Solved – Dealing with missing data in an exponential smoothing model

There does not seem to be a standard way to deal with missing data in the context of the exponential smoothing family of models. In particular, the R implementation called ets in the forecast package seems to just take the longest subsequence without missing data, and the book "Forecasting with Exponential Smoothing" by Hyndman et al. does not seem to talk about missing data at all.

I would like to do a little more, if my users explicitly ask me to (and if the missing data don't occur too close together or in too many periods that are exactly one season apart). In particular, what I have in mind is the following. During simulation, whenever I would encounter a missing value $y_t$, I would substitute the current point forecast $tilde y_t$ for $y_t$, so that $varepsilon_t = 0$. This would, for example, make the data point not be considered for the parameter optimization process.

Once I have a reasonable fit for the parameters, I can estimate the standard deviation of the errors (assumed to be normal with mean $0$) and verify that using values for $epsilon_t$ generated from that distribution do not decrease the likelihood by a big factor. I would use such values for forecasting (using simulation) as well.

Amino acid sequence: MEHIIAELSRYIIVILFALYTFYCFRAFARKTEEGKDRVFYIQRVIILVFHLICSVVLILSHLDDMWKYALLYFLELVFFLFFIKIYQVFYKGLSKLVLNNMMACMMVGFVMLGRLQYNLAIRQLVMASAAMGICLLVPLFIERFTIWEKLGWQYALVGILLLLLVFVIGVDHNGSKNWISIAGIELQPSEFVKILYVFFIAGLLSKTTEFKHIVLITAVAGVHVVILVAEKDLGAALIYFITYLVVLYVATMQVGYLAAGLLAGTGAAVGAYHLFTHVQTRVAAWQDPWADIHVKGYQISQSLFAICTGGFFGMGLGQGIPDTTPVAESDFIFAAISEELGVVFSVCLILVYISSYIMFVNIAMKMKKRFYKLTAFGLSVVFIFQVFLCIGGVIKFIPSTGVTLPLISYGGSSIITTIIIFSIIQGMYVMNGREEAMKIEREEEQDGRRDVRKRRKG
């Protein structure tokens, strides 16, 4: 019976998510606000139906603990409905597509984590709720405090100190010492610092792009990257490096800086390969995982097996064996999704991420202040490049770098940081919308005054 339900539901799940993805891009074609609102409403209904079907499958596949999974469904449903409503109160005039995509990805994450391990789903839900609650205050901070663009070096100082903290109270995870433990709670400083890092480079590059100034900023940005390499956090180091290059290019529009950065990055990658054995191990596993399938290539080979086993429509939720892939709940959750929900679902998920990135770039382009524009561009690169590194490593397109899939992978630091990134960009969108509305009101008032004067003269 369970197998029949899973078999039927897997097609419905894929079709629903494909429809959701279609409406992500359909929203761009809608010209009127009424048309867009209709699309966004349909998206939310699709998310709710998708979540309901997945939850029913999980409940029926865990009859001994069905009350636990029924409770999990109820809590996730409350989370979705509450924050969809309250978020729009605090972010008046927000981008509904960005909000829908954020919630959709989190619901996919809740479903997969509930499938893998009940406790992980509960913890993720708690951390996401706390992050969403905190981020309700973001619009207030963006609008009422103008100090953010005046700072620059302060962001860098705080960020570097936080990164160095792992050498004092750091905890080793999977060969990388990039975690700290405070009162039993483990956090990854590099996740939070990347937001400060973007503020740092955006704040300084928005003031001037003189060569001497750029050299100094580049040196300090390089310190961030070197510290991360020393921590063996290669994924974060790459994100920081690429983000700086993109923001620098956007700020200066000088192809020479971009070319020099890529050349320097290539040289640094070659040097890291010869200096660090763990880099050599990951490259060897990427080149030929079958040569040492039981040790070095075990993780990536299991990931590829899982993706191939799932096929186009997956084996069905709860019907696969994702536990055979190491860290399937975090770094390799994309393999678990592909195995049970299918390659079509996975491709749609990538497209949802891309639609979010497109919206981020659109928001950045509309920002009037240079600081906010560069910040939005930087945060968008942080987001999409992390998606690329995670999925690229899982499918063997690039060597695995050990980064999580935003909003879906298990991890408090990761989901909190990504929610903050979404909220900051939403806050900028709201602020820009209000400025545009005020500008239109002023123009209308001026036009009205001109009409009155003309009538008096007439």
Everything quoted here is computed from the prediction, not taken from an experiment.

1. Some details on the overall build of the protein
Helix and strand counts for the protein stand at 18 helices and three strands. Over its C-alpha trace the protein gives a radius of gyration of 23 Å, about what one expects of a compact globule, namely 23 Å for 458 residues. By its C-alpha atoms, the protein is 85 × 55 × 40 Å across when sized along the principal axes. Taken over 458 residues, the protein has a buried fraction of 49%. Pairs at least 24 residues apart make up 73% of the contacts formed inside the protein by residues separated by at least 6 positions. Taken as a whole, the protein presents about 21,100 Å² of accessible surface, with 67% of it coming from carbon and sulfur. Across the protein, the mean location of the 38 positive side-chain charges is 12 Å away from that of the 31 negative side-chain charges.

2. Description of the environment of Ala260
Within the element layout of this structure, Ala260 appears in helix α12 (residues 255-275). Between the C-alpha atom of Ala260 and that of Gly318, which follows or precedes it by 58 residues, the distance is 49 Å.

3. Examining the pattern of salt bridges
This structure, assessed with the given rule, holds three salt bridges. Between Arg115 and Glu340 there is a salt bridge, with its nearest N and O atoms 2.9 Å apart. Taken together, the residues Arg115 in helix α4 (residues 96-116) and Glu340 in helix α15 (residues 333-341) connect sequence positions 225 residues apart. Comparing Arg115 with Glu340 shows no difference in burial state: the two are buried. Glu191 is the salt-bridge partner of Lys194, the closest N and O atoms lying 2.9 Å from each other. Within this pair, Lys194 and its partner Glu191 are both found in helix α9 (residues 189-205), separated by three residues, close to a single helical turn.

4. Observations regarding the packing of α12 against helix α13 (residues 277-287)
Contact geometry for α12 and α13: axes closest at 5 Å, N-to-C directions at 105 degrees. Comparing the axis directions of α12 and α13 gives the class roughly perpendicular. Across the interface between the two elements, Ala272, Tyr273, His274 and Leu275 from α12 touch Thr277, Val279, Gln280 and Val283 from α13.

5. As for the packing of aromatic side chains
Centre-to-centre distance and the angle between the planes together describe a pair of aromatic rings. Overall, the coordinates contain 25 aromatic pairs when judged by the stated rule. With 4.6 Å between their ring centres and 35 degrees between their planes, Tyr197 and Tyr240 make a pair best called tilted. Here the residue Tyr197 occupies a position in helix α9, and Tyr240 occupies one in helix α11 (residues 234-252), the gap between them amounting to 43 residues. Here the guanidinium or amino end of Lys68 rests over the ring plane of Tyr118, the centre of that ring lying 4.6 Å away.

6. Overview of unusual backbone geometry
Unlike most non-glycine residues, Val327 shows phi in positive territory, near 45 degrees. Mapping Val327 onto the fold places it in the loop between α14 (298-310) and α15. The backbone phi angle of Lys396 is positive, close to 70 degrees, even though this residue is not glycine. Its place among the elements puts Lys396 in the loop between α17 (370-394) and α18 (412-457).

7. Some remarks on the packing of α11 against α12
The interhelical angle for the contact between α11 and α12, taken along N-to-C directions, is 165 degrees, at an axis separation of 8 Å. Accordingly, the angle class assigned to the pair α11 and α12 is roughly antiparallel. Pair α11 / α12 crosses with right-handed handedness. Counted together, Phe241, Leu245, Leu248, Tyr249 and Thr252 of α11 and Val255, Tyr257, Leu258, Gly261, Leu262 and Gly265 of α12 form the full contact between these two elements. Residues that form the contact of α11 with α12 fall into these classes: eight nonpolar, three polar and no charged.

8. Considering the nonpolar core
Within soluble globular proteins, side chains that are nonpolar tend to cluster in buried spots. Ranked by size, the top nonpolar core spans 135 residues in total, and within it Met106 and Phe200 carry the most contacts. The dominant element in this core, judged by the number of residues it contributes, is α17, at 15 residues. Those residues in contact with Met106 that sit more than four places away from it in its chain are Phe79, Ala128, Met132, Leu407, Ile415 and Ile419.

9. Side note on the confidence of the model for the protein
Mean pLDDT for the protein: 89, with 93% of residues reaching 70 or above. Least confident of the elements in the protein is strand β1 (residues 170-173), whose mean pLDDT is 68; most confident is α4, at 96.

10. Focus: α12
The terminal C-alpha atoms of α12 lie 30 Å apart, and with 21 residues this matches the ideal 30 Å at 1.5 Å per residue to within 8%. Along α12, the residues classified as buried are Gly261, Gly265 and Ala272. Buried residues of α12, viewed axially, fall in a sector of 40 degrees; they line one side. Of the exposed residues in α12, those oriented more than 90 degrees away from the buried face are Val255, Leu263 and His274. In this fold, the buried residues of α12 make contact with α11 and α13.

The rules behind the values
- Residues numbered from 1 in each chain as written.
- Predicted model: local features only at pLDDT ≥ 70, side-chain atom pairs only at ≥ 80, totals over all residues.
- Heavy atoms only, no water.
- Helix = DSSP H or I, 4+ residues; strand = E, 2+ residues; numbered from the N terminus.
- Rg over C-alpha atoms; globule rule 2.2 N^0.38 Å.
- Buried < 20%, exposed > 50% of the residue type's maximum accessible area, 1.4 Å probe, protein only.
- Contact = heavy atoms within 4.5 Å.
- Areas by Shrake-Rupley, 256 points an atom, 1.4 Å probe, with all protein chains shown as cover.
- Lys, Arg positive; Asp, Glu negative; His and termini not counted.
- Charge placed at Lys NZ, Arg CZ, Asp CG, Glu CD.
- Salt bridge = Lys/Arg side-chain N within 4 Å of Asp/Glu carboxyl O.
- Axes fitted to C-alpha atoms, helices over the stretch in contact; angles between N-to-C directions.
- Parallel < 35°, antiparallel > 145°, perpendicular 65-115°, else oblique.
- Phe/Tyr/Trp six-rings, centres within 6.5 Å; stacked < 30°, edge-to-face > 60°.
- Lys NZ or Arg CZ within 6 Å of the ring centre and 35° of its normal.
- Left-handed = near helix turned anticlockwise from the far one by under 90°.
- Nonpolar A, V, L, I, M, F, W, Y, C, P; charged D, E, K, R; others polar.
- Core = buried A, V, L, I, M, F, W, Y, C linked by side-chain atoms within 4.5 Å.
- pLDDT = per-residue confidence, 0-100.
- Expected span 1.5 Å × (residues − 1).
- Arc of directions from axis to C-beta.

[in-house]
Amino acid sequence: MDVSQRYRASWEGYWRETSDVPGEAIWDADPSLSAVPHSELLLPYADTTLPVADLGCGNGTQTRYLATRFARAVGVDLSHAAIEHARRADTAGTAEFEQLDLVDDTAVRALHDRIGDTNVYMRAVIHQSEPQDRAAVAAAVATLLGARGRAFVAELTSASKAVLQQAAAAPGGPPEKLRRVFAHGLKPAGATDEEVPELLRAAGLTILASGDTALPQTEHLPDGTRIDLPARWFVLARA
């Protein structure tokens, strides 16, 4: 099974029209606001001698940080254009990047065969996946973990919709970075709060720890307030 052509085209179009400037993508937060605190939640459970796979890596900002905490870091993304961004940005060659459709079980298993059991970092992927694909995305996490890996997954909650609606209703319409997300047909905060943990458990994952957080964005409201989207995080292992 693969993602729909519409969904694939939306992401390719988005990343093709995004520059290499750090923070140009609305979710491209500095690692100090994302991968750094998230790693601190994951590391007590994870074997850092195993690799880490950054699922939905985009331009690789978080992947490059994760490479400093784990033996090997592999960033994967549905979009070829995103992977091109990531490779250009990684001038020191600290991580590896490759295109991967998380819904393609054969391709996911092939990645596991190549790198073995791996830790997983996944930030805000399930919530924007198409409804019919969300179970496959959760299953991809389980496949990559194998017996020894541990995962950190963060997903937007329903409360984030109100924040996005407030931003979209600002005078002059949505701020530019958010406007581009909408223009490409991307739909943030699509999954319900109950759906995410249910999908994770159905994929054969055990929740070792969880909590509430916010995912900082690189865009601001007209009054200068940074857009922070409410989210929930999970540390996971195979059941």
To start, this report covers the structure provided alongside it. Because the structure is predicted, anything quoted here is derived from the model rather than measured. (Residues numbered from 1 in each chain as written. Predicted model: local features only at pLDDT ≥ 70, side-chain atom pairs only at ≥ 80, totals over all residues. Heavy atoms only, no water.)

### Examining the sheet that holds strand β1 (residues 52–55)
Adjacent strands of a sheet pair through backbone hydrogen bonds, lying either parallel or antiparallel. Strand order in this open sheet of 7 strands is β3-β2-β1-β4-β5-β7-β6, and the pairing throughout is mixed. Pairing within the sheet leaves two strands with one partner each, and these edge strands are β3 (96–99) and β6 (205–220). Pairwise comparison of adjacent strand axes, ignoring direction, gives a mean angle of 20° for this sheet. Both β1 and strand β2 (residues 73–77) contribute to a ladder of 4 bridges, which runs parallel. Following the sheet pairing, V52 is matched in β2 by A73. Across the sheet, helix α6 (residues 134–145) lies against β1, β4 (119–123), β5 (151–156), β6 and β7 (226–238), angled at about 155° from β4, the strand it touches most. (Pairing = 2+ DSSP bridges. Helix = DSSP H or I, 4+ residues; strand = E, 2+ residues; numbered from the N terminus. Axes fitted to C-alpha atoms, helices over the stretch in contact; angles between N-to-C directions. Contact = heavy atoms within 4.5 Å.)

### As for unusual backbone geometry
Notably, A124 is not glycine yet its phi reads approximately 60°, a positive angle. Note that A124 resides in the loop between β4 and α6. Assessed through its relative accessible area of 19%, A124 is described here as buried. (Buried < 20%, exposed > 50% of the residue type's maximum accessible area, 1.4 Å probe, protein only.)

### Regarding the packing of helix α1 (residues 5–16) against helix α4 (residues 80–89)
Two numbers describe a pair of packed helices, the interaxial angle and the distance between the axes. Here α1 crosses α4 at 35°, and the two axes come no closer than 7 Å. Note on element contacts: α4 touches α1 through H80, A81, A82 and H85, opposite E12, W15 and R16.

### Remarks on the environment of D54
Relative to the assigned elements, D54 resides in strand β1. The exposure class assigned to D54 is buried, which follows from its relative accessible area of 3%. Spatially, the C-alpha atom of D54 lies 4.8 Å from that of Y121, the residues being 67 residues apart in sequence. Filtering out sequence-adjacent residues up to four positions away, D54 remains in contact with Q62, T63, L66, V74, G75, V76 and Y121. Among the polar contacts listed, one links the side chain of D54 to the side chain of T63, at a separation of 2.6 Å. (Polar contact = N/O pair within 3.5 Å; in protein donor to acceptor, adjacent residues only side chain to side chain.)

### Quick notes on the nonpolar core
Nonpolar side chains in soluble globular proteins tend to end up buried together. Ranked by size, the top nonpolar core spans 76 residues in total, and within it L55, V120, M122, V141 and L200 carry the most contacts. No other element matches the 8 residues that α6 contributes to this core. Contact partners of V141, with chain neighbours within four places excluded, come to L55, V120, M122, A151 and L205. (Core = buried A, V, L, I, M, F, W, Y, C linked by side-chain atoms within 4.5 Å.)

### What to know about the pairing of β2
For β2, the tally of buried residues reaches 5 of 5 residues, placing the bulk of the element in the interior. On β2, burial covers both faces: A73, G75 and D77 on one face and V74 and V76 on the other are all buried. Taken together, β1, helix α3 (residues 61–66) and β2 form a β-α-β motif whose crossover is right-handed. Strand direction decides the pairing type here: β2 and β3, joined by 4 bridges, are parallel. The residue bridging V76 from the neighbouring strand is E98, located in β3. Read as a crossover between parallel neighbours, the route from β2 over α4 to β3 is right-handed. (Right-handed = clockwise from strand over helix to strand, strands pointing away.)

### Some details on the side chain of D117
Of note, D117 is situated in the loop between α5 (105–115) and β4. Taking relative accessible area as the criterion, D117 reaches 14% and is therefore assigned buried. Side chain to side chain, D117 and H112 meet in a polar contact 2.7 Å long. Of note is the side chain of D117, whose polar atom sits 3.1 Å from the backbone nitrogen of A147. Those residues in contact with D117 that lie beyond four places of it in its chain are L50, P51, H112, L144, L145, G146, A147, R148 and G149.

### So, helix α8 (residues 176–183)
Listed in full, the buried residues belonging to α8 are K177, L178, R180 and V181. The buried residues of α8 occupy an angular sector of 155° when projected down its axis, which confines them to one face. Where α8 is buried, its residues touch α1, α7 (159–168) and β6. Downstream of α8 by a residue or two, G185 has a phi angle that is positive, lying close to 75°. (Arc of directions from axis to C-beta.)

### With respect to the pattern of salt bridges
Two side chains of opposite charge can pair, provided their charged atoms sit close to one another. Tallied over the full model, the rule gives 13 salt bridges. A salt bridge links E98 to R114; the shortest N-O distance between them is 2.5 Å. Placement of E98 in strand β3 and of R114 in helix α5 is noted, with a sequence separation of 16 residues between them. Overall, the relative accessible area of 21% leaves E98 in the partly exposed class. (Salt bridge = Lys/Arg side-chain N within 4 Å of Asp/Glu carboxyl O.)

Are there known pitfalls with this method?

Your approach makes sense. A commercial piece of software I was associated with for a couple of years did exactly this.

Your outline applies to Single Exponential Smoothing (SES), but of course you could apply the same treatment to trend or seasonal components. For the seasonal ones, you would need to go back a full seasonal cycle, just as for updating.

Another alternative would of course be to simply interpolate missing values. This is an option in newer versions of ets(..., na.action="na.interp").

From what little I know of state space models, it should not be overly hard to simply treat the missing data as unobserved. I am not sure why this is not implemented in the forecast package. A quick search through Rob Hyndman's blog didn't really yield anything useful.

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